Asha Rangappa @AshaRangappa_ Fmr FBI Special Agent, lawyer, faculty @JacksonYale. Tiger(ish) mom. @CNN analyst. Editor @just_security. Karaoke, golf, and Shakespeare aficionado. Views mine. Jul. 14, 2019 2 min read

THREAD. I’ve watched this clip over and over, trying to figure out why I love it. I think it’s because it embodies something that I talk about Disinformation & Democracy class, and in my talks to various groups — it’s the idea of “generalized reciprocity,” or social trust

2. Generalized reciprocity, as defined by Harvard Professor Robert Putnam in his book, Bowling Alone, is the idea of giving your fellow citizen — even a complete stranger, whom you don’t know — the benefit of the doubt. Of having their back. It’s connected to civic engagement

3. In the video, note that this man — who probably has other things to do — feels a sense of responsibility to contribute to a situation. And, equally important, notice that the drivers — who otherwise have a self interest to just ram full speed ahead — follow his direction

4. It’s quite extraordinary, esp if you have been to other countries, where this kind of social trust isn’t as high (I’ll use India, as an example, since I’ve seen the traffic there). This kind of trust rests on an understanding that we’re all engaged in a common enterprise

5. Do where does generalized reciprocity come from? Well, Putnam says it comes primarily from creating relationships across diverse sets of people. He calls this “bridging.” Contrast this with “bonding,” which is creating relationships within smaller, homogenous groups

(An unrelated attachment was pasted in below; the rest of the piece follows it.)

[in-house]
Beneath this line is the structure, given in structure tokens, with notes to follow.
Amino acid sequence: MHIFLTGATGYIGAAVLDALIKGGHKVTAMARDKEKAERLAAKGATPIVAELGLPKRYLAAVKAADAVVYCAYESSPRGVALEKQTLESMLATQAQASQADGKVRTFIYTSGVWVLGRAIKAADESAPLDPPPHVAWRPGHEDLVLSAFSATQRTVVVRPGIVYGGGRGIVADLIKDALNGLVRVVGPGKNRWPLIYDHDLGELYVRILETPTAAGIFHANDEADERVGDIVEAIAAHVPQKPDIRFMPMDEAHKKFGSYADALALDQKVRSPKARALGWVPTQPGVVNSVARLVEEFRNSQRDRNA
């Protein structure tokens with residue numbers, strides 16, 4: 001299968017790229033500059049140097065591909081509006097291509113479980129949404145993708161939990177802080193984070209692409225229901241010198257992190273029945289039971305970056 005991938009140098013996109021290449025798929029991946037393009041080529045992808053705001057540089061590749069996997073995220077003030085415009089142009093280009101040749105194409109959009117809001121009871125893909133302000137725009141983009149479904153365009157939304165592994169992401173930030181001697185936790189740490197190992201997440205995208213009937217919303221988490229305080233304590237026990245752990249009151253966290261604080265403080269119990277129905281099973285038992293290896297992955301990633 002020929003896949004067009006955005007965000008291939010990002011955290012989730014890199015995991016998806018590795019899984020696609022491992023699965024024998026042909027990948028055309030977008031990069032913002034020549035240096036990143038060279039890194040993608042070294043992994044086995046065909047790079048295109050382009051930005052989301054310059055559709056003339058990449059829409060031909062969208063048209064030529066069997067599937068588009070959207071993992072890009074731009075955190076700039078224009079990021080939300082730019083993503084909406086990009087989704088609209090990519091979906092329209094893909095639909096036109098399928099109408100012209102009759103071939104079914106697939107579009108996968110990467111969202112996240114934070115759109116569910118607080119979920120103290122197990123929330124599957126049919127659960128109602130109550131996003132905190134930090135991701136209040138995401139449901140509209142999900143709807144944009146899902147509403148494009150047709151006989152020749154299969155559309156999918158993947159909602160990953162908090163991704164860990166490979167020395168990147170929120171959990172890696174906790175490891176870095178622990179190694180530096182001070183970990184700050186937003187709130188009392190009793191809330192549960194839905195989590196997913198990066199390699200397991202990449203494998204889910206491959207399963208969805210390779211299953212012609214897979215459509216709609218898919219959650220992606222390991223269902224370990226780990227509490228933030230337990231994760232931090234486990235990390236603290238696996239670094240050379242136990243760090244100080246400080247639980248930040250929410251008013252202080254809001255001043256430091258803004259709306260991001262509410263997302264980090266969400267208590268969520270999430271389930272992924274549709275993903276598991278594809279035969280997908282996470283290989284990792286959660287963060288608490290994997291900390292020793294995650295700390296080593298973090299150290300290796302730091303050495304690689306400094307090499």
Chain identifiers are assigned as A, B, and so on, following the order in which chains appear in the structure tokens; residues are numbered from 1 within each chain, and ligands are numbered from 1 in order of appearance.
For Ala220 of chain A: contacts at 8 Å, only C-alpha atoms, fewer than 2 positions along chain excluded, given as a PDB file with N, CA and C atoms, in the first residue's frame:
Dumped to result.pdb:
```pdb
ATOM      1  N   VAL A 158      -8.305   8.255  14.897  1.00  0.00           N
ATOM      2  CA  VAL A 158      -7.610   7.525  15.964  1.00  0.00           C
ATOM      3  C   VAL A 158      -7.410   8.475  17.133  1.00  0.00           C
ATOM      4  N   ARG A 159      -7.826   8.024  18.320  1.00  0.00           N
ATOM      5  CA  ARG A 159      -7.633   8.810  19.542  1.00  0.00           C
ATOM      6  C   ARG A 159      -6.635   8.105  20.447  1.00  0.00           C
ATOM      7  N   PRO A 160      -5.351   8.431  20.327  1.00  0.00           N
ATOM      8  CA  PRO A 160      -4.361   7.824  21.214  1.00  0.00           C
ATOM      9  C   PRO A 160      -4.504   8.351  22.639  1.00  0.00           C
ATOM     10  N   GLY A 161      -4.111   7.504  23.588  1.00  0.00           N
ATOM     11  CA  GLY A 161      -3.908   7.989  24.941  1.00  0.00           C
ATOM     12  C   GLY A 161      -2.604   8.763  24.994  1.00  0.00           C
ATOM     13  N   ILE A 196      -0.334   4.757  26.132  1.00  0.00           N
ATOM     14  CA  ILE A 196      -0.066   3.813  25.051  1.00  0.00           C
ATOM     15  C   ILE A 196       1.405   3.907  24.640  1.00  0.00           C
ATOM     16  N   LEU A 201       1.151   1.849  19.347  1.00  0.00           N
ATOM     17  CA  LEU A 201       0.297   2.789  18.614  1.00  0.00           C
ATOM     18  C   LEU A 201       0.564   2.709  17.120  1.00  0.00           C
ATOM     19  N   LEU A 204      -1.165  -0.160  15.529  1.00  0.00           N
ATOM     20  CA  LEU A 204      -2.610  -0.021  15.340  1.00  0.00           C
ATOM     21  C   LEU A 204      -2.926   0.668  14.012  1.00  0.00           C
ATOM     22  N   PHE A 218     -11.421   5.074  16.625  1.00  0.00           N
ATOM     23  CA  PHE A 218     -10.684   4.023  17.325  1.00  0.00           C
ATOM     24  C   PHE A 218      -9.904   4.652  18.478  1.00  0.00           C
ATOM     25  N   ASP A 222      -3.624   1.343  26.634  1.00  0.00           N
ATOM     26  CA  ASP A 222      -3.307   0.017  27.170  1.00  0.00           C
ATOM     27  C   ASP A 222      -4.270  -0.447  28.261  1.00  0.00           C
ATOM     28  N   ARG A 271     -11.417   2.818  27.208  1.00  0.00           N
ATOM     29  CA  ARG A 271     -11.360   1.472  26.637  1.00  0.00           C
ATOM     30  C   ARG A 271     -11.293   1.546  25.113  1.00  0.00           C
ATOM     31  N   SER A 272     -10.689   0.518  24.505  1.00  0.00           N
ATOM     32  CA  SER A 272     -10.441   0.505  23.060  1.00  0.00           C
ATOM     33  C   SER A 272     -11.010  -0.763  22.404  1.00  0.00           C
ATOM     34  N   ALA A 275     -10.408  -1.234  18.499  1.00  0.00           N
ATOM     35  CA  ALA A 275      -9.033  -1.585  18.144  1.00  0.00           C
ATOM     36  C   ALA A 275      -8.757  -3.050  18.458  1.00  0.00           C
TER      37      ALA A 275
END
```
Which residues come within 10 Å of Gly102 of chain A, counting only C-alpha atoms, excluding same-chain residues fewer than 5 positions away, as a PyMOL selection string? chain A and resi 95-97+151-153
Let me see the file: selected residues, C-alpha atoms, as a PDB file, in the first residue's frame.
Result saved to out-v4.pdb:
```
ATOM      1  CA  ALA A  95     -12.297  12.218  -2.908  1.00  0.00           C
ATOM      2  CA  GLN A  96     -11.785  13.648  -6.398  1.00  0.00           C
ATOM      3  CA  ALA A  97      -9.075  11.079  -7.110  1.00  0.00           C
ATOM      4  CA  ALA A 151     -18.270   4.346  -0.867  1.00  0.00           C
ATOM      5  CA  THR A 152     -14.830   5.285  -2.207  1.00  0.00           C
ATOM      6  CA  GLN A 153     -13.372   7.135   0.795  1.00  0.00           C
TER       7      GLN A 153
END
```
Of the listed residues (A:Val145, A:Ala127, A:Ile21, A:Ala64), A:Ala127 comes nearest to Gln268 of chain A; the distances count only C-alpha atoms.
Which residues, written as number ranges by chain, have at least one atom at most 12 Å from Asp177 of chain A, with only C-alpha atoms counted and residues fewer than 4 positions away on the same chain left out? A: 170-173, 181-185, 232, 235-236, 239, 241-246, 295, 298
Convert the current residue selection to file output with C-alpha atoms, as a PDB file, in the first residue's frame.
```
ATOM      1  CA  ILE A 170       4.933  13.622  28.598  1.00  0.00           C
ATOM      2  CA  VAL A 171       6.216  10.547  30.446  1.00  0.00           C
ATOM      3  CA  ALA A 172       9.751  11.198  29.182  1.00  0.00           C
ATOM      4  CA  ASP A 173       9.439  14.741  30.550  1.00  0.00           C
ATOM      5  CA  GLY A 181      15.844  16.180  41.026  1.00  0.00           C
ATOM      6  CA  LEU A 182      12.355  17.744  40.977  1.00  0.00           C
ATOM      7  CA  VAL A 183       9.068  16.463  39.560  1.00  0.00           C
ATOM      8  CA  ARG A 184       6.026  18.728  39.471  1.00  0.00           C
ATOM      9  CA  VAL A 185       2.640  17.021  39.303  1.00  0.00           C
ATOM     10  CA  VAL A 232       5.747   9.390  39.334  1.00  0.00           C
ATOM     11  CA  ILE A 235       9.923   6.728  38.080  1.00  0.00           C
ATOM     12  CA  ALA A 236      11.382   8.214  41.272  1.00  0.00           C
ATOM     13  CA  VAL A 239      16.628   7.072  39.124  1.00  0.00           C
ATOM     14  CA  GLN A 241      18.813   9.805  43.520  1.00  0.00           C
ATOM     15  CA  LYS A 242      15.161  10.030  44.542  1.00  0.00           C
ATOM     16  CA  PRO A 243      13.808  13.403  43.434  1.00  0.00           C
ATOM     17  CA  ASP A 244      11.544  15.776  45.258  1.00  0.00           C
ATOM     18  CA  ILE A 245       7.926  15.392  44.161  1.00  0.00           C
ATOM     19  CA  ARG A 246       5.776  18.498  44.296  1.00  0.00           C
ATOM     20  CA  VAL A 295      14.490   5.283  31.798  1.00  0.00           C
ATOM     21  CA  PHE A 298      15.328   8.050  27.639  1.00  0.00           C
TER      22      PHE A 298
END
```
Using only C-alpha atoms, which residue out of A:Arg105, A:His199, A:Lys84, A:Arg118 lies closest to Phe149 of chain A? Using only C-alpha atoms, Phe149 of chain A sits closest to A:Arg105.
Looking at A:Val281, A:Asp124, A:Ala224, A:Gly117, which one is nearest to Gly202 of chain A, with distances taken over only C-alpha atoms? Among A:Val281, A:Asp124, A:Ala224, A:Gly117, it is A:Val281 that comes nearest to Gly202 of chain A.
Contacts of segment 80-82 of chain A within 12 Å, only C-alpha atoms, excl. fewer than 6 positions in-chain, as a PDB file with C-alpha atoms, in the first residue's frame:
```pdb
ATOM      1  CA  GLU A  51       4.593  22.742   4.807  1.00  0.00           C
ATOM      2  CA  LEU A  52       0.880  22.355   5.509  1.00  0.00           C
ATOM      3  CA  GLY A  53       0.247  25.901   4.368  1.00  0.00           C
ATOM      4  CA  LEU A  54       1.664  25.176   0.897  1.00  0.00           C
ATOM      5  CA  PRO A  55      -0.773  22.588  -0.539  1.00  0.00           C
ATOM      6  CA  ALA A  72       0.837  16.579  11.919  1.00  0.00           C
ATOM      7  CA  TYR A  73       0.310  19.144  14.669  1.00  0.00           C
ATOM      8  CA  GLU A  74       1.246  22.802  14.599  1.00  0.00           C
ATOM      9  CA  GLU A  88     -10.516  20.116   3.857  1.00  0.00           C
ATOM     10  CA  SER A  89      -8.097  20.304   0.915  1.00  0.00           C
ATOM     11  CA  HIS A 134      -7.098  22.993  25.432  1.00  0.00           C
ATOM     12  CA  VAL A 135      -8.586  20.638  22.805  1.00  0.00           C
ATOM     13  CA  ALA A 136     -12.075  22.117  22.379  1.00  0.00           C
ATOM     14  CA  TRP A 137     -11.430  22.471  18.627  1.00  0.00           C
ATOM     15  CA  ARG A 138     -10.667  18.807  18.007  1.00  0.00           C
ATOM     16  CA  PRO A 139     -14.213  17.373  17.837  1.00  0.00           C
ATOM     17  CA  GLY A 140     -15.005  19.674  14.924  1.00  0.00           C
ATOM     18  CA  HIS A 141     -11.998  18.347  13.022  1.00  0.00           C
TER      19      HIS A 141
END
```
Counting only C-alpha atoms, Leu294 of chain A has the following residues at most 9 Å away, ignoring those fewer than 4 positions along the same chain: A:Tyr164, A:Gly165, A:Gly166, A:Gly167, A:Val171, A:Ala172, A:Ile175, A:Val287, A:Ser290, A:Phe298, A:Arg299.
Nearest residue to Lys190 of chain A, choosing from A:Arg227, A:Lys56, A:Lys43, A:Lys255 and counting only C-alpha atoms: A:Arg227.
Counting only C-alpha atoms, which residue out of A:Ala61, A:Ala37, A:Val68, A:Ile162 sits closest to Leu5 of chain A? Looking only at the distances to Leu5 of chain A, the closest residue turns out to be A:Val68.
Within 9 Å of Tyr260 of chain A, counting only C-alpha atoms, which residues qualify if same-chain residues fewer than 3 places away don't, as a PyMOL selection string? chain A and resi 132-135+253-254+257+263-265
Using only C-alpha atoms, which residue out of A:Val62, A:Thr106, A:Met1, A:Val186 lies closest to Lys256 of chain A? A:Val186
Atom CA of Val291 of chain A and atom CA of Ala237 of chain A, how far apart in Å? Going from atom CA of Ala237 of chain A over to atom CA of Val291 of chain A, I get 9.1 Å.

6. Bonding is important. They provide social safety nets, and leverage shared strengths — think about immigrant communities, or religious orgs, even (to a degree) political parties. But too much of this can also lead to tribalism, which leads to exclusion and *mistrust*

7. I say all this because the purpose of Russia’s active measures — and certain people who promote their tactics — is to break down this generalized reciprocity, or social trust. “In-groups” and “out-groups” are all a part of this. The goal is to forget the common enterprise

8. Cities like NYC, by virtue of their size and diversity, naturally create a certain amount of “bridging” that helps inoculate against this and create the kind of scene above. But fostering this in other geographic areas, or contexts (arts, sports), can help facilitate this too

9. I wrote about this in a (retrospectively idealized and somewhat naive) piece on how this works in social media. But groups and cities should think abut ways to promote bridging — and social trust — as a way to fortify civic values and democracy  https://www.theatlantic.com/technology/archive/2017/10/facebook-zuckerberg-friend-swap/541881/ 

P.S. If you want some extra reading on this idea, Alexis de Toqueville described this unique feature of America as “self interest well understood” — excellent essay on its application today here  https://edspace.american.edu/theworldmind/2017/12/04/self-interest-well-understood-a-doctrine-in-need-of-revival/ 


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